On their own, Rincon Valley, Bennett Valley and Mountain face severe financial loss in property tax revenue from thousands of burned homes and the risk in the next few years of budget and staff cuts.

Consolidating should shore up their financial outlook, according to a county analysis.

“It’s a path forward,” Heine said. “Thirty‑plus fire agencies is not sustainable.”

Rest of county

Progress is slower elsewhere in the county where several fire agencies remain in talks. But even that step is some improvement, officials said.

The west county is lagging far behind in the process, said Hopkins, who represents the area. There are 22 fire agencies in her supervisorial district with varying interest in change. Progress there includes a plan underway for a summit of west county fire agencies, spanning from Bloomfield to Timber Cove on the coast.

The county’s remaining 11 volunteer companies, situated in rural areas, are also unifying under their own administration, called the North Bay Fire District — a interim move that follows supervisors’ clear signal that they want the county out of the fire command business.

Changes in service, cost for residents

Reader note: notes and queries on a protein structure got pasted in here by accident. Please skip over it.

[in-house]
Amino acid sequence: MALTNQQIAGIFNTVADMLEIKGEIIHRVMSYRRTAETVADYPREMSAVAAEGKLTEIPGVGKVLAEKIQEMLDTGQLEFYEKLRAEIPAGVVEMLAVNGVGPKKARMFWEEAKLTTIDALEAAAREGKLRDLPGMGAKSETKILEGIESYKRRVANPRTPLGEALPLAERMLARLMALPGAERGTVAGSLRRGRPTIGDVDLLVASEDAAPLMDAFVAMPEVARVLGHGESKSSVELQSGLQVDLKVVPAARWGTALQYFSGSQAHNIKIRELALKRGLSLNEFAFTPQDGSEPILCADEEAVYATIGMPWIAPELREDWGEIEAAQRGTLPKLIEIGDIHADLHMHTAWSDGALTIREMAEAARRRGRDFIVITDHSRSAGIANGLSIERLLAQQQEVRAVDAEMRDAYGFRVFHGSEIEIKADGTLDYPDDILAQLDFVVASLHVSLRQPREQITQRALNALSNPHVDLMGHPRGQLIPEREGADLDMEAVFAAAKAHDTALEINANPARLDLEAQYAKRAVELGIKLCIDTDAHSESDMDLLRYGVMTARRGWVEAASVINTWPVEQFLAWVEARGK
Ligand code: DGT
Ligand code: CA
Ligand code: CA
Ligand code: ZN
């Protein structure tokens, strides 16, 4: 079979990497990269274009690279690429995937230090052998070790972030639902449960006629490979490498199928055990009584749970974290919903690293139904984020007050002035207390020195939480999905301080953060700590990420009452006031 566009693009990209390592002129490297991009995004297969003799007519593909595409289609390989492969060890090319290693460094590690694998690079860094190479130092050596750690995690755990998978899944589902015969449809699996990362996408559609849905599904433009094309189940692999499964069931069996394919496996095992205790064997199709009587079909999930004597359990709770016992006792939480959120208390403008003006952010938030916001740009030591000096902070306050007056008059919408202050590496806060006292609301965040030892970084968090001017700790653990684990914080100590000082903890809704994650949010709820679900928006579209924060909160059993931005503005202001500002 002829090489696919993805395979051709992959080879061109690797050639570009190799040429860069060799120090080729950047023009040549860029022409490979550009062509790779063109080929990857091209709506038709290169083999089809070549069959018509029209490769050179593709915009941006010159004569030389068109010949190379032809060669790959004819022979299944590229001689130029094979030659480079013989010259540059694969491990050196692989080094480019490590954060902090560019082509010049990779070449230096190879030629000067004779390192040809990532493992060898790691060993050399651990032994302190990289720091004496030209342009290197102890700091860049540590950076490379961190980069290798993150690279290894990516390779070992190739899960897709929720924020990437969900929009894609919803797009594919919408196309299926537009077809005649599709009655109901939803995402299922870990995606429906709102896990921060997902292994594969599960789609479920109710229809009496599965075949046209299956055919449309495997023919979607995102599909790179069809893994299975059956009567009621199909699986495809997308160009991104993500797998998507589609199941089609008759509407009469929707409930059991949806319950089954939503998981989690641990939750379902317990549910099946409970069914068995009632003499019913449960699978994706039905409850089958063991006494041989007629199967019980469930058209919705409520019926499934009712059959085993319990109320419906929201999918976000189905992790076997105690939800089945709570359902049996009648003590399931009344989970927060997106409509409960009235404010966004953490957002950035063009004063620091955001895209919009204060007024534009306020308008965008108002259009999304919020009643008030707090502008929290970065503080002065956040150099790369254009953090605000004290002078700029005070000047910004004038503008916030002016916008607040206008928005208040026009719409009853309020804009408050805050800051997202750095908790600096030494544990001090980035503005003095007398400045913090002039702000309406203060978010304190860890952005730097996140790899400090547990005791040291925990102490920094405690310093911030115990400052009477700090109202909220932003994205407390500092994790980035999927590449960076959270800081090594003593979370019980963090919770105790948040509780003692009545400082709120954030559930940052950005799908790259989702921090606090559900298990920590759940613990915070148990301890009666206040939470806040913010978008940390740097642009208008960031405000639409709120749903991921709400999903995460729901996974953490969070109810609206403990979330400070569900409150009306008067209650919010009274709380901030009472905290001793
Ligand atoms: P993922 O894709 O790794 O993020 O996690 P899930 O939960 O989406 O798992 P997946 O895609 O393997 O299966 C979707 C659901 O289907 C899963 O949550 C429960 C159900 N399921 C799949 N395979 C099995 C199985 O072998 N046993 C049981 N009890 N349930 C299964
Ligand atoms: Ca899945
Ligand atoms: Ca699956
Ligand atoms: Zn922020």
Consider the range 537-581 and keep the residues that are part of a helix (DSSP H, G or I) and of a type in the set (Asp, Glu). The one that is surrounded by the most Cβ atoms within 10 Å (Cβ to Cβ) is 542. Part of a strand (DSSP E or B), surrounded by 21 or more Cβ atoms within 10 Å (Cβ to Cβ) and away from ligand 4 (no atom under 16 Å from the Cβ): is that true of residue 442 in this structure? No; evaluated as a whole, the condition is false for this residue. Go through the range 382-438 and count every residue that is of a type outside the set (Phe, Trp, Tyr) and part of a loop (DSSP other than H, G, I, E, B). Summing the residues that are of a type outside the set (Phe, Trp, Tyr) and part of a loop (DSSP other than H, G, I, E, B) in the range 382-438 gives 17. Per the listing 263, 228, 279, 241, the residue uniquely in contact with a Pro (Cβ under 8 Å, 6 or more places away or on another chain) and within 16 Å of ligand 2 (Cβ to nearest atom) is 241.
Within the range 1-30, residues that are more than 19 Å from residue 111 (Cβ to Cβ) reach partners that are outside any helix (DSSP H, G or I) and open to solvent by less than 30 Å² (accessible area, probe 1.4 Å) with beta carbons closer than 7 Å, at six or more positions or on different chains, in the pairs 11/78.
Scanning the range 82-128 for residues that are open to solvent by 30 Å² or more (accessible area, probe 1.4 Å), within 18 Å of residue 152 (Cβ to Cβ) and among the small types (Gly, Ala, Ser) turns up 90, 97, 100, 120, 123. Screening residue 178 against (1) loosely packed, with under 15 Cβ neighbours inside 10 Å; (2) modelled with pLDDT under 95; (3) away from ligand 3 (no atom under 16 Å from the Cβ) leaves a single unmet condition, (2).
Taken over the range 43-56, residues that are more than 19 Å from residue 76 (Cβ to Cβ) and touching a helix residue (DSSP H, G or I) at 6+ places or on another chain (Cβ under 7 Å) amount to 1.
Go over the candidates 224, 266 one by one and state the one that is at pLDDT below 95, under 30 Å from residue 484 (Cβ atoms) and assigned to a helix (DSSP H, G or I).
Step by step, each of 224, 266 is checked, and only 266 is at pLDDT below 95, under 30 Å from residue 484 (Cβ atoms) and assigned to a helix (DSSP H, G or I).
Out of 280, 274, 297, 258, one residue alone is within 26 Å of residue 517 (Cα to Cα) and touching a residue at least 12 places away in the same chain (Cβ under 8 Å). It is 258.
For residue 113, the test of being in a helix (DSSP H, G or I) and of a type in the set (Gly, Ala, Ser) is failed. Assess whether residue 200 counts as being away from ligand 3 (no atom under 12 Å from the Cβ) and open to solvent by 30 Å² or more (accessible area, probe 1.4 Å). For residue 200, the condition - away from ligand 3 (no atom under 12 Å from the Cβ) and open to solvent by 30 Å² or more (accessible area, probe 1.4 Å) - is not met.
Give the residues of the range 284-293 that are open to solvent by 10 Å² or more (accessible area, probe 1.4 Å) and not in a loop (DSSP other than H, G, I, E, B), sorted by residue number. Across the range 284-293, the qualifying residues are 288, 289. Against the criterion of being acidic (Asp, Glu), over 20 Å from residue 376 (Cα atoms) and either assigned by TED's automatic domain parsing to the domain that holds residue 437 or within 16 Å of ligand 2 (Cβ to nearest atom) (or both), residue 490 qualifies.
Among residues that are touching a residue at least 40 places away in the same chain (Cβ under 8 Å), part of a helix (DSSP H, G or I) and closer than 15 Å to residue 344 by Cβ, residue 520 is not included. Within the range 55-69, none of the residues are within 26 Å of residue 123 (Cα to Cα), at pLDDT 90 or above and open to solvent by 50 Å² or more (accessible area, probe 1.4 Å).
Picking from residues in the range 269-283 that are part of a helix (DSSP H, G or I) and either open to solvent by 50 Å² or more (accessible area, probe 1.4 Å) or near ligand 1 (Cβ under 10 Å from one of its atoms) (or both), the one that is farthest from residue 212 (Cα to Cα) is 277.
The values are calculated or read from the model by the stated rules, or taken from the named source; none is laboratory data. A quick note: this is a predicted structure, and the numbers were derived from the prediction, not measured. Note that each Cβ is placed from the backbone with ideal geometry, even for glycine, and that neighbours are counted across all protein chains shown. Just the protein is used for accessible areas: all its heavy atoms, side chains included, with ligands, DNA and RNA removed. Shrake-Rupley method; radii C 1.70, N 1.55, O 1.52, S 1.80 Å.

As planned, the new district outside Santa Rosa would have more firefighters in Windsor, Bennett Valley and Mountain, more efficient service through shared equipment and administration and funding to stave off service reductions, Heine said.

It’ll also cost more for property owners.

Rincon Valley residents currently pay $36 annually for fire services through their property tax bill. That figure would rise to $182 with the new district. For Bennett Valley land owners, the cost will jump from $180 annually to $272, including a prior tax measure that remains in place. Land owners in the Mountain jurisdiction currently pay nothing, but under the new plan would pay about $175 per parcel, Heine said. Windsor’s parcel tax cost of about $190 per parcel would remain the same, Heine said.

Without consolidation, Rincon and Bennett Valley property owners likely would have faced new tax measures to avoid cuts in service, the chief said.

Fire officials hope home owners won’t begrudge the new charges, saying they will be mostly offset by the cancellation in 2017 of the state’s controversial annual $150 fire fee for rural properties.

“Those people can put as much as $150 toward the new cost and 100 percent of that stays in your fire district for your protection,” said Frank Treanor, president of Windsor fire’s board of directors and longtime former chief of Rancho Adobe in Cotati and Penngrove. “If you want fire protection you’ve got to pay for it.”

Increased costs would cover salary hikes for Bennett Valley and Windsor firefighters to match Rincon Valley, plus hiring of an additional battalion chief and deputy chief.